Gartner forecasts that there could be more than 500 Internet Of Things connected devices in the home by 2022
Gartner has just launched a report highlighting the huge business opportunity of teh Internet Of Things- which it believes the connected home presents for retailers, insurers, manufacturers, utilities and telecoms companies.
Theyrealised that the smart home will be a mass market – 50% to 80% of people say they’re interested in smart home services.
We could end up paying Ä5 to Ä10 a month, which equates to more than £11 billion (Ä15bn, $17bn) a year in Western Europe by 2019.
His firm is developing an open platform, similar to Samsung’s SmartThings, to act as a gateway for all these connected gadgets, from motion-detecting lighting systems to smart energy meters.
Nearly 40 partners, including big names such as Philips, Bosch, Sonos and Samsung, have signed up to the platform so far.
BMW is already testing car-to-home communications in its 7 Series luxury saloon.
But it seems we’ve been talking about the connected home for years. Why hasn’t it taken off yet?
Well, we didn’t have smartphones, fast home wi-fi or a wide-enough selection of gadgets equipped with networked computer chips. Now, the conditions maybe rightm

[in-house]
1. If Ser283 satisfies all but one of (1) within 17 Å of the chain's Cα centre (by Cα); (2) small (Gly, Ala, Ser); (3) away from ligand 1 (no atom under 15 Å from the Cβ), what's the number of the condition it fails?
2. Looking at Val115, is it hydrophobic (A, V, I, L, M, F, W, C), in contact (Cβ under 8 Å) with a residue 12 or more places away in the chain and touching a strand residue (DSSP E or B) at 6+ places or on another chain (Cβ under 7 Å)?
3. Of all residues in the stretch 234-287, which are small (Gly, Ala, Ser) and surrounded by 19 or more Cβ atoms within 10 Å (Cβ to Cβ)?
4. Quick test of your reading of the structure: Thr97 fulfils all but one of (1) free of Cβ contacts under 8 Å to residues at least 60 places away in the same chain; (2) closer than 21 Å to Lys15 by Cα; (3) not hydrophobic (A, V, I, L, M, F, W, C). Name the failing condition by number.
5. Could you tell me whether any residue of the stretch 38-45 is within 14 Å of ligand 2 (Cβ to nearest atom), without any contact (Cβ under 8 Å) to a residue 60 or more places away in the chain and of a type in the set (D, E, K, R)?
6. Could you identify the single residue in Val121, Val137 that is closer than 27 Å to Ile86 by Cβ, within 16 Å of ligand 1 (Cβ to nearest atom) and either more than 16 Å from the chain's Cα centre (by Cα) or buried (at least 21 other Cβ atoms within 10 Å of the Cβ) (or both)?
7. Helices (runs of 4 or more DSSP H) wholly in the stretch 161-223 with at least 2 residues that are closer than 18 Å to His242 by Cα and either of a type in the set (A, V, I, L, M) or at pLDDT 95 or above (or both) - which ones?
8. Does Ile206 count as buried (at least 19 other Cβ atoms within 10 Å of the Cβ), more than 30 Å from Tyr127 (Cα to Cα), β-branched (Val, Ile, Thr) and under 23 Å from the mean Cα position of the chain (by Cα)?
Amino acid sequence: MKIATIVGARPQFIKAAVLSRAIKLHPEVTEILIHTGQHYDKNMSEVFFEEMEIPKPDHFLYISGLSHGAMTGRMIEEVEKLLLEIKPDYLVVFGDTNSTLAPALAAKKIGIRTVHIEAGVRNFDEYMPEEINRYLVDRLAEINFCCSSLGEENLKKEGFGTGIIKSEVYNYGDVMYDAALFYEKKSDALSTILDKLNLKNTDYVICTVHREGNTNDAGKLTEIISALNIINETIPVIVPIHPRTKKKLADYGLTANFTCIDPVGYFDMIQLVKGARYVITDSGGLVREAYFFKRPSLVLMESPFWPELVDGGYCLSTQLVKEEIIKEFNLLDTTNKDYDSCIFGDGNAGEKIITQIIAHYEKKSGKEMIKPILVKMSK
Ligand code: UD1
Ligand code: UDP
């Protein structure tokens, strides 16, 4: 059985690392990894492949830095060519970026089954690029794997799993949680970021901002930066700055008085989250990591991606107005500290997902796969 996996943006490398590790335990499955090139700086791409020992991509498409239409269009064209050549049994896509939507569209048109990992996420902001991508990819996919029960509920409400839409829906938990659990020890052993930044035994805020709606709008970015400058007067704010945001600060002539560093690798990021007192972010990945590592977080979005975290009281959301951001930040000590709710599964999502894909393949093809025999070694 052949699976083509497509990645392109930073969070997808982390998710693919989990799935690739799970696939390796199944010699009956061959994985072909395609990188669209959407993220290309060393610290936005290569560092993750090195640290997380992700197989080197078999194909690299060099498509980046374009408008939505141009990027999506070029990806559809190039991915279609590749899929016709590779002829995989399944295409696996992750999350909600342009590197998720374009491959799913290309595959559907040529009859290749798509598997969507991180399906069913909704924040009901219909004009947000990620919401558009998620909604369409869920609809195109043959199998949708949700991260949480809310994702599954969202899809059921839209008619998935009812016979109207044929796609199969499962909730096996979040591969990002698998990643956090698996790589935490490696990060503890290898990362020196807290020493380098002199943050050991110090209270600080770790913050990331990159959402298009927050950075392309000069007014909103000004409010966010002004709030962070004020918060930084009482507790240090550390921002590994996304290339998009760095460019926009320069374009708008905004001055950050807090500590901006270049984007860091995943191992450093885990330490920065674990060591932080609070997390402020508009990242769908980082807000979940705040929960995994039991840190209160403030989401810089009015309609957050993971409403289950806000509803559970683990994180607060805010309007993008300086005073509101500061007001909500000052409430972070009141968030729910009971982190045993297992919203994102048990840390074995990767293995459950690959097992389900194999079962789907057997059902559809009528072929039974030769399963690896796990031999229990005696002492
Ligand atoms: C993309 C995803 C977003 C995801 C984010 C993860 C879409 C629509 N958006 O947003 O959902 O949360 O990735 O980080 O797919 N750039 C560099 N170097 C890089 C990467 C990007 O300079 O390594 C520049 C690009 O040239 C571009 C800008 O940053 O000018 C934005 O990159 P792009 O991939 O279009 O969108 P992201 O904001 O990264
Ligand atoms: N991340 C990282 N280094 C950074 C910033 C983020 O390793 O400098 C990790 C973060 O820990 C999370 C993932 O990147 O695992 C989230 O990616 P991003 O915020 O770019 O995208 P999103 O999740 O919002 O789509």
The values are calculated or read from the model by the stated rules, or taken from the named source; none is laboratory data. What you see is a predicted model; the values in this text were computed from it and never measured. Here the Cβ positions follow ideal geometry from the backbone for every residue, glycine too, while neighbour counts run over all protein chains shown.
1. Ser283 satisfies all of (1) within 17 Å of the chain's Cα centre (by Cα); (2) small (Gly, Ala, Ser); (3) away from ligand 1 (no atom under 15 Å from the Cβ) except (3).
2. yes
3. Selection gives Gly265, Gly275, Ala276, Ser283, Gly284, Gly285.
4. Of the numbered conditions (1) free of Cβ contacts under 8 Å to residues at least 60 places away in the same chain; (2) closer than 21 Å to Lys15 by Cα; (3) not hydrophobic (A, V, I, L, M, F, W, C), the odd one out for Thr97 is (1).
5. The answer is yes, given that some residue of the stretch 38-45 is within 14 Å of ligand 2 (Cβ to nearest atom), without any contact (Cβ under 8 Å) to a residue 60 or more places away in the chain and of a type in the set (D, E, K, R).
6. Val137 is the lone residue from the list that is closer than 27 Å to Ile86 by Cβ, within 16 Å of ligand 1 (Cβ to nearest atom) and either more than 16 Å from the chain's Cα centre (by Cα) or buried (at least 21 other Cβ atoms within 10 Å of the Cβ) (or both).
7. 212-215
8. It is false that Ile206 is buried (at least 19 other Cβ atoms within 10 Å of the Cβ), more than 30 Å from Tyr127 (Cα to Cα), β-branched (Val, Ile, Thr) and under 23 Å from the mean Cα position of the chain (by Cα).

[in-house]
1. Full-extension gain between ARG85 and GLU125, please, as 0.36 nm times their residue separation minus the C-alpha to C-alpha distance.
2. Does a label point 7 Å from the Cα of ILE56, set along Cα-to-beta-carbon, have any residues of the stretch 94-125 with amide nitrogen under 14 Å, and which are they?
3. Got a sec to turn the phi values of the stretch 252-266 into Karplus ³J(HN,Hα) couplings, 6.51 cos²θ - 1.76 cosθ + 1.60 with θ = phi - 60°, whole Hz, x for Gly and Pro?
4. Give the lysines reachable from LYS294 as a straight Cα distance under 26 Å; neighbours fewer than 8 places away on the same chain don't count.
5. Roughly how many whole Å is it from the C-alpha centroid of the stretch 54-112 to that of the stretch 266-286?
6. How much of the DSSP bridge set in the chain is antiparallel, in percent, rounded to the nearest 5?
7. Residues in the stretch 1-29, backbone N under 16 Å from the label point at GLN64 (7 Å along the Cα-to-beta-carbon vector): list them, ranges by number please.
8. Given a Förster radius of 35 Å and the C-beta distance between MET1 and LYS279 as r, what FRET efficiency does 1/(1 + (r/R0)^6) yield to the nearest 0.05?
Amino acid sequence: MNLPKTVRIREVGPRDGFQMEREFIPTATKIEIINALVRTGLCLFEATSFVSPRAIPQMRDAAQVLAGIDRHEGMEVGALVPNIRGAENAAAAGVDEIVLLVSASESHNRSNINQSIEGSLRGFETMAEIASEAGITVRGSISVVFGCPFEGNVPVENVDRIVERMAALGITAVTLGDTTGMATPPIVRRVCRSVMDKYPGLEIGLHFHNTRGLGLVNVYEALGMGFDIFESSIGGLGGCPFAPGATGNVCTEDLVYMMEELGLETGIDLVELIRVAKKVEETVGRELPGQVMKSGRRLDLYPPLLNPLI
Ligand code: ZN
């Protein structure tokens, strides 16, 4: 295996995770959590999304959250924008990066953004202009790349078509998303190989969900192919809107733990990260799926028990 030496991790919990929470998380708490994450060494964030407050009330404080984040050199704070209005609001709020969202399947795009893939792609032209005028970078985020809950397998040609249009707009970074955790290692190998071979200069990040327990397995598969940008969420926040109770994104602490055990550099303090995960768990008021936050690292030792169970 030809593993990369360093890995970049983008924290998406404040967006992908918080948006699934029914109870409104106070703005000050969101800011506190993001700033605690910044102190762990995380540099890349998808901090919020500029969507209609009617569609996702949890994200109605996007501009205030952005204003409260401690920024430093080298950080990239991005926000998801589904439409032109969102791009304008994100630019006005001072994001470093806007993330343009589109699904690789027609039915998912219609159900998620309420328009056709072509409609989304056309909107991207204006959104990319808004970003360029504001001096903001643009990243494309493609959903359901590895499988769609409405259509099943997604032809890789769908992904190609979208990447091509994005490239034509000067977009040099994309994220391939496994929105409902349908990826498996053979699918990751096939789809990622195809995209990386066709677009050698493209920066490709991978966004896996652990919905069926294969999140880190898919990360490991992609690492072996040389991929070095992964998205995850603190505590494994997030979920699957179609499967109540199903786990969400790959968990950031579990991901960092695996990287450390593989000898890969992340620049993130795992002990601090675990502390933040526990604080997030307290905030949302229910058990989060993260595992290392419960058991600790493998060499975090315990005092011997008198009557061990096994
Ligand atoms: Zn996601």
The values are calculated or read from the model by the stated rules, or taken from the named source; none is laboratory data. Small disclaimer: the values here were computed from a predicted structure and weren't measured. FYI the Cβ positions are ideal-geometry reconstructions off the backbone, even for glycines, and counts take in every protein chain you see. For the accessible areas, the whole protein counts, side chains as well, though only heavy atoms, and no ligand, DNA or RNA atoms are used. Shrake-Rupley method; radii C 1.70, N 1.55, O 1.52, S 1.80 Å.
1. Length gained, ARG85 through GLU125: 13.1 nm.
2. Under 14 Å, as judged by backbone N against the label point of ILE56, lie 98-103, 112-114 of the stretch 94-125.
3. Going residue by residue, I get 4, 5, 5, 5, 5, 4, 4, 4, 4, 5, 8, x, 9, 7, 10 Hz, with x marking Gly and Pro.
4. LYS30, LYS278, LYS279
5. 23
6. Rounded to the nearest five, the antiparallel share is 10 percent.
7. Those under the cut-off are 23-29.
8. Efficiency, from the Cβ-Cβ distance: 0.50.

Smart meters and thermostats – given an added push by governments – will be able to regulate energy usage in the home, and it’s this ability to save on heating and electricity bills which will be one of the key drivers of growth in connected home technology, he believes.
As more of us use smartphones and apps, retailers and manufacturers are gaining confidence that there is a market for connected products.
But the service most likely to propel the smart home into the mainstream is home security, some believe.
US telecoms giant AT&T is building its Digital Life smart home product around security, offering subscribers video cameras, window and door opening sensors, remote door locking, and motion detectors, all operable from a smartphone, tablet or PC.
In the UK about 30% of homes have some kind of home alarm, and about 10% of those pay monthly for a professional home security service.
But lack of interoperability could be one reason why the smart home boom takes longer to happen than some analysts and tech companies are forecasting.